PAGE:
Feed the Future
This project is part of the U.S. Government's global hunger and food security initiative.

Improved Seeds and Planting Materials

Date Published: 
November 10, 2011

Evidence from the Green Revolution clearly shows that the spread of modern varieties has been an important cause of genetic erosion, as massive government campaigns encouraged farmers to adopt modern varieties and to abandon many local varieties. The uniformity caused by increasing areas sown to a smaller number of varieties is a source of increased risk for farmers, as the varieties may be more vulnerable to disease and pest attack and most of them perform poorly in marginal environments.

An agro-ecological research approach keeps the positive outcomes from the Green Revolution (i.e., International collaboration, institutional infrastructure, ability to adapt and disseminate the technology) and reduces its negative impacts (i.e., monocultures, genetic erosion, increased risks to farmers). The approach does this by considering the interactions of all important biophysical, technical, and socioeconomic components of farming systems, where mineral cycles, energy transformations, biological processes, and socioeconomic relationships are analyzed as a whole in an interdisciplinary fashion.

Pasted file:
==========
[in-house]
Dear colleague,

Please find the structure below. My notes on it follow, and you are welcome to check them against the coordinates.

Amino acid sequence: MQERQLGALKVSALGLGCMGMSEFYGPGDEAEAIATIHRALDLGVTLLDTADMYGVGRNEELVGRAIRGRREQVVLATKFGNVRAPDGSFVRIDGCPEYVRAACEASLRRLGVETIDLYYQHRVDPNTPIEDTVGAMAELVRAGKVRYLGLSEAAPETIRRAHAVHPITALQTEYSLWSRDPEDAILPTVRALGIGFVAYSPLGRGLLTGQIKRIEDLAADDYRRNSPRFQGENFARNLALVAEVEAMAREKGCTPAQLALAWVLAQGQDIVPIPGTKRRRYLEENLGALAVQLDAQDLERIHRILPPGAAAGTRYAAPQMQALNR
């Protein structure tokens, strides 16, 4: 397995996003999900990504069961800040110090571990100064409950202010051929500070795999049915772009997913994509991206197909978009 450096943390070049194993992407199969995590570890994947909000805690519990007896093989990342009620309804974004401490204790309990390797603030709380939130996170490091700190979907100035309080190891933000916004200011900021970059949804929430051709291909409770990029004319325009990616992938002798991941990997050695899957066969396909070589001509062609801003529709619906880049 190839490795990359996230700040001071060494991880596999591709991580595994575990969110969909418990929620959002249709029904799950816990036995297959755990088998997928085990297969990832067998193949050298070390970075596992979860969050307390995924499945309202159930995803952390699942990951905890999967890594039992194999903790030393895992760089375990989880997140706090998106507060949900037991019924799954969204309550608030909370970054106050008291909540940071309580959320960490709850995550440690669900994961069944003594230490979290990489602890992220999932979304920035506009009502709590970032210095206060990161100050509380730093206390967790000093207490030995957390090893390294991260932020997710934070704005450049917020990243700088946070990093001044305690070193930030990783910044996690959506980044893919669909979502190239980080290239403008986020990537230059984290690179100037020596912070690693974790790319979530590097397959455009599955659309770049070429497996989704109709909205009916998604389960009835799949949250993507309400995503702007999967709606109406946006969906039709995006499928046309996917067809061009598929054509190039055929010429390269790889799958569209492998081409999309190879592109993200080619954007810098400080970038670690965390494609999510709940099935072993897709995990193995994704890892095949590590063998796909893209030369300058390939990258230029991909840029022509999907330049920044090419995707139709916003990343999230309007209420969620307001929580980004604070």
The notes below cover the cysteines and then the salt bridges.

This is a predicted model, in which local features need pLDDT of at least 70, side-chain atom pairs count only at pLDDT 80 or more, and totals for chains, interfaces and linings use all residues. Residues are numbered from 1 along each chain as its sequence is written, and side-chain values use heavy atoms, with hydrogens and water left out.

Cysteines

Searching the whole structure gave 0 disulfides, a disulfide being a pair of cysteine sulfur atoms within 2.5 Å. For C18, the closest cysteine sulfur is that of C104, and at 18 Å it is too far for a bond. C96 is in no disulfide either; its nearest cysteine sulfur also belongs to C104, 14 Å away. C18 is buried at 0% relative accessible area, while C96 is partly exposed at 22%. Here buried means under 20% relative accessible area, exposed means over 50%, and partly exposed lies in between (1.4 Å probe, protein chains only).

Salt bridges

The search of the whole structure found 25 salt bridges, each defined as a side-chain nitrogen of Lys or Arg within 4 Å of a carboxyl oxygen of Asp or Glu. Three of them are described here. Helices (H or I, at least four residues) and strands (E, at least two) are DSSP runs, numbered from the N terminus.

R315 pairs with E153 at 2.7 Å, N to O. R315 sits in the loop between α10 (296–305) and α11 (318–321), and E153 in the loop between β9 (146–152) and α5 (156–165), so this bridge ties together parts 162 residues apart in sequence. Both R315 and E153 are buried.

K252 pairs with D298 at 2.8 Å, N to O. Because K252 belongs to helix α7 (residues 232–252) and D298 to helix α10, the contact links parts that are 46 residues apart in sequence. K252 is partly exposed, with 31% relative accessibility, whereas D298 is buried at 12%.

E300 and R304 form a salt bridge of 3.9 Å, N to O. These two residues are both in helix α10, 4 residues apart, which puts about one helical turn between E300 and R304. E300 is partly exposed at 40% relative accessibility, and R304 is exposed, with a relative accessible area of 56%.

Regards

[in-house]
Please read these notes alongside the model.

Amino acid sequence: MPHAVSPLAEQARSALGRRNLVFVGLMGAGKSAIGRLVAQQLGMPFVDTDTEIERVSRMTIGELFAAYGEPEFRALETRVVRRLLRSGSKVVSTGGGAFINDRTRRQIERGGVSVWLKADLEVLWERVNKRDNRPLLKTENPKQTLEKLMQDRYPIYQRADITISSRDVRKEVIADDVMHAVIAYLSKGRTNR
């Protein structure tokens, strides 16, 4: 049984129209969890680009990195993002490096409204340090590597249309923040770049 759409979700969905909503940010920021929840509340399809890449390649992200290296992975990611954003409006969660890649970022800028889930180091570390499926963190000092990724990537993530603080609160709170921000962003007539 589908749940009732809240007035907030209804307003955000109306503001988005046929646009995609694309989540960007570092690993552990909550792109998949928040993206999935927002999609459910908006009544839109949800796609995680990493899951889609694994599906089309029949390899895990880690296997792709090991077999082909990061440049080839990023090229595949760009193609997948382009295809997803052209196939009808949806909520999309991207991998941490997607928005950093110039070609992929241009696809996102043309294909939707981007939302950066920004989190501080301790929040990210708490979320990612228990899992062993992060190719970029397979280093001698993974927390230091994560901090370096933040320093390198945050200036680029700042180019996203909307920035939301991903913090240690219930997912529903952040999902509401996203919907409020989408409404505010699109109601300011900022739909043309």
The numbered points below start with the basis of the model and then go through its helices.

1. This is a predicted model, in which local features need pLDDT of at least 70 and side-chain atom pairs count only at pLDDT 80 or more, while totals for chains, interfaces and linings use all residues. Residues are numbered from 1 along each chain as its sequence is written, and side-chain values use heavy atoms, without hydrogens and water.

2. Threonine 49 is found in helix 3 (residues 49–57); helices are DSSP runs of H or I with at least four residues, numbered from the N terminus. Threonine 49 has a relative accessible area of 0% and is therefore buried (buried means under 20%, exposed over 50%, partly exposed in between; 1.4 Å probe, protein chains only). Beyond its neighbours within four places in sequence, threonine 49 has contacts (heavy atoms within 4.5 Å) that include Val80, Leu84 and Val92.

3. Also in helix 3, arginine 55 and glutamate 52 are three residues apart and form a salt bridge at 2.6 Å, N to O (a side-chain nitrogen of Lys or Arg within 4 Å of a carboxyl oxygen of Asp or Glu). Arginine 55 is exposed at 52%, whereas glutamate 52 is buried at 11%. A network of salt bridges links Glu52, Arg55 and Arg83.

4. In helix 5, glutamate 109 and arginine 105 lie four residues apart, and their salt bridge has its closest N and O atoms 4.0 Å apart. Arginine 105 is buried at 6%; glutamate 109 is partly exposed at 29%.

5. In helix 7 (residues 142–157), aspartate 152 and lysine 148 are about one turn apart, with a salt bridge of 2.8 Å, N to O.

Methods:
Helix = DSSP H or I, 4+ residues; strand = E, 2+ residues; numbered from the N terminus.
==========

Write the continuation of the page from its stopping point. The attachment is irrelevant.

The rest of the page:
This factsheet was developed as part of the Comprehensive Africa Agriculture Development Programme (CAADP) Climate-Smart Agriculture Workshop. The workshop focused on approaches for effective program design of climate-smart agriculture in support of both country and regional CAADP investment plans. Climate-smart agriculture incorporates practices that increase productivity, efficiency, resilience, adaptive capacity, and mitigation potential of production systems.